Connex makes the strongest chains available in their factory in Germany. The second strongest chains are way more expensive, so why go there? Stronger chains last longer. That’s important if you have an expensive drivetrain. Costly cassettes and chainrings, those will last longer if the chain wears more slowly.
We stock Connex chains in all sorts of configurations. How to determine the best for your needs? If you want the best of the best, get the stainless steel chain. It elongates the slowest, and the stainless outer links and nickel plated inner links are great for corrosion resistance. If you want a statement chain that also deals well with corrosion, get the black and brass chain. It has brass plated pins and black links. Looks pretty rad on an all silver drivetrain, or a black’d out mountain bike drivetrain. The gold chain looks fantastic on bling’d out builds, but keep it away from super salty environments: New England winter roads, that sort of thing. The nickel plated chain is the least expensive and the least durable, but it’s still way better than almost anything else on the market from the other chain guys. It’s a great chain for the money, and the nickel finish looks fantastic on almost any build.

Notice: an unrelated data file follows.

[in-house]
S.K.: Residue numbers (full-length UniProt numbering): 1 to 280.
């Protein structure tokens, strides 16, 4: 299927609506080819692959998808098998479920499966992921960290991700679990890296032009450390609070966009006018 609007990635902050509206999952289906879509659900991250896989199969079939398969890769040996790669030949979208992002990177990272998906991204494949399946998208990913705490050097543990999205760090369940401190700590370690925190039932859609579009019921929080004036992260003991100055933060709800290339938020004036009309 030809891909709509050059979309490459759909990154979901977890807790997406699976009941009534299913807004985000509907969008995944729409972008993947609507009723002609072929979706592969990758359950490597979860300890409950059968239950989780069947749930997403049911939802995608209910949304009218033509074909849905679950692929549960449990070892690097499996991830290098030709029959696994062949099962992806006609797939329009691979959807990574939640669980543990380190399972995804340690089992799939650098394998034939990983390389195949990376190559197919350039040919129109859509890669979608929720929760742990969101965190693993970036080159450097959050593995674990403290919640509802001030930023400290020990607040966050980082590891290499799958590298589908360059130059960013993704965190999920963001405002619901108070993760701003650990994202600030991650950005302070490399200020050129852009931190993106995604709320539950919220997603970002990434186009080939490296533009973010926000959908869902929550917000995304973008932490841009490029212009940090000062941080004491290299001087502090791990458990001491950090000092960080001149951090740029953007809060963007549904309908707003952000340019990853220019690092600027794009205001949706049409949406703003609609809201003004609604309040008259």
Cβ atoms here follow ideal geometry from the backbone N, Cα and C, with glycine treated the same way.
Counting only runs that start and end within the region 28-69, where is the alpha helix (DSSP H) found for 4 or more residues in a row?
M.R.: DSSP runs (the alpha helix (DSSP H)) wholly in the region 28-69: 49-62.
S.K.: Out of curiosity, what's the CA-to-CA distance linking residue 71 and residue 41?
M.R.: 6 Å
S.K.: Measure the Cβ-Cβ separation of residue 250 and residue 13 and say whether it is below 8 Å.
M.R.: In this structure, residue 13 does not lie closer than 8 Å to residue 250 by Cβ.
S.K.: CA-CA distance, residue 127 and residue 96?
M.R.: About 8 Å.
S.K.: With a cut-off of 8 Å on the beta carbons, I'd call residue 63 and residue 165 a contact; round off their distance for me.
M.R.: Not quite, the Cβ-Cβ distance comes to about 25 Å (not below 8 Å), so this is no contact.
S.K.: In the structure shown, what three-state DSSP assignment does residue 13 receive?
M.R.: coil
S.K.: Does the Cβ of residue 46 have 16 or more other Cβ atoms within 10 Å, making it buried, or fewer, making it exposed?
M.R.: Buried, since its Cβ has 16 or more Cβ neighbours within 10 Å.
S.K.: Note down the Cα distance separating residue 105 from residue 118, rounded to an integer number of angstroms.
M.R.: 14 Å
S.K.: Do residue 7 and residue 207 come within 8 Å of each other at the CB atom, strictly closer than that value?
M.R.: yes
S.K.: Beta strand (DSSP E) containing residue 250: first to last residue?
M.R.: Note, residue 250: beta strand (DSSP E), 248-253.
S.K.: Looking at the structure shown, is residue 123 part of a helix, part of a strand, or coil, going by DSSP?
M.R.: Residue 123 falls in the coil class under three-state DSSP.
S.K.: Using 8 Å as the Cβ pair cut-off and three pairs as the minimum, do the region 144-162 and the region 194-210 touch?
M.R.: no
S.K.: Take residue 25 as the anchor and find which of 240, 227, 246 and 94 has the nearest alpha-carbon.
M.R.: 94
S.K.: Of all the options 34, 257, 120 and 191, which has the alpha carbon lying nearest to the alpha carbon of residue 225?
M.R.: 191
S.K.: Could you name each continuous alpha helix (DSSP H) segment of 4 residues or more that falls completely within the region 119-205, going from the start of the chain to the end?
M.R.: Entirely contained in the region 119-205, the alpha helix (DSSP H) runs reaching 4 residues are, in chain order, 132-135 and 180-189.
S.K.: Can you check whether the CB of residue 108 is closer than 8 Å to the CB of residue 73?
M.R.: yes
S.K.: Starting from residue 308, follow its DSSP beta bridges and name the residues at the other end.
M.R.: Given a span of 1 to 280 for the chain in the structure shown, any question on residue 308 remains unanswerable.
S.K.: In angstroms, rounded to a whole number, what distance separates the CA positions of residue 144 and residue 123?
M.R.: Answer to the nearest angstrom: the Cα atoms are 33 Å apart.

You'll find yourself needing a longer chain if your chain stays are 46cm+ long (Rivendell riders, that's you!) and run 9sp standard touring gearing or even wider-range Turkey Vulture gearing. This applies to all chains, I've built some Riv's up with 1x systems and the standard chain is wayyy too short.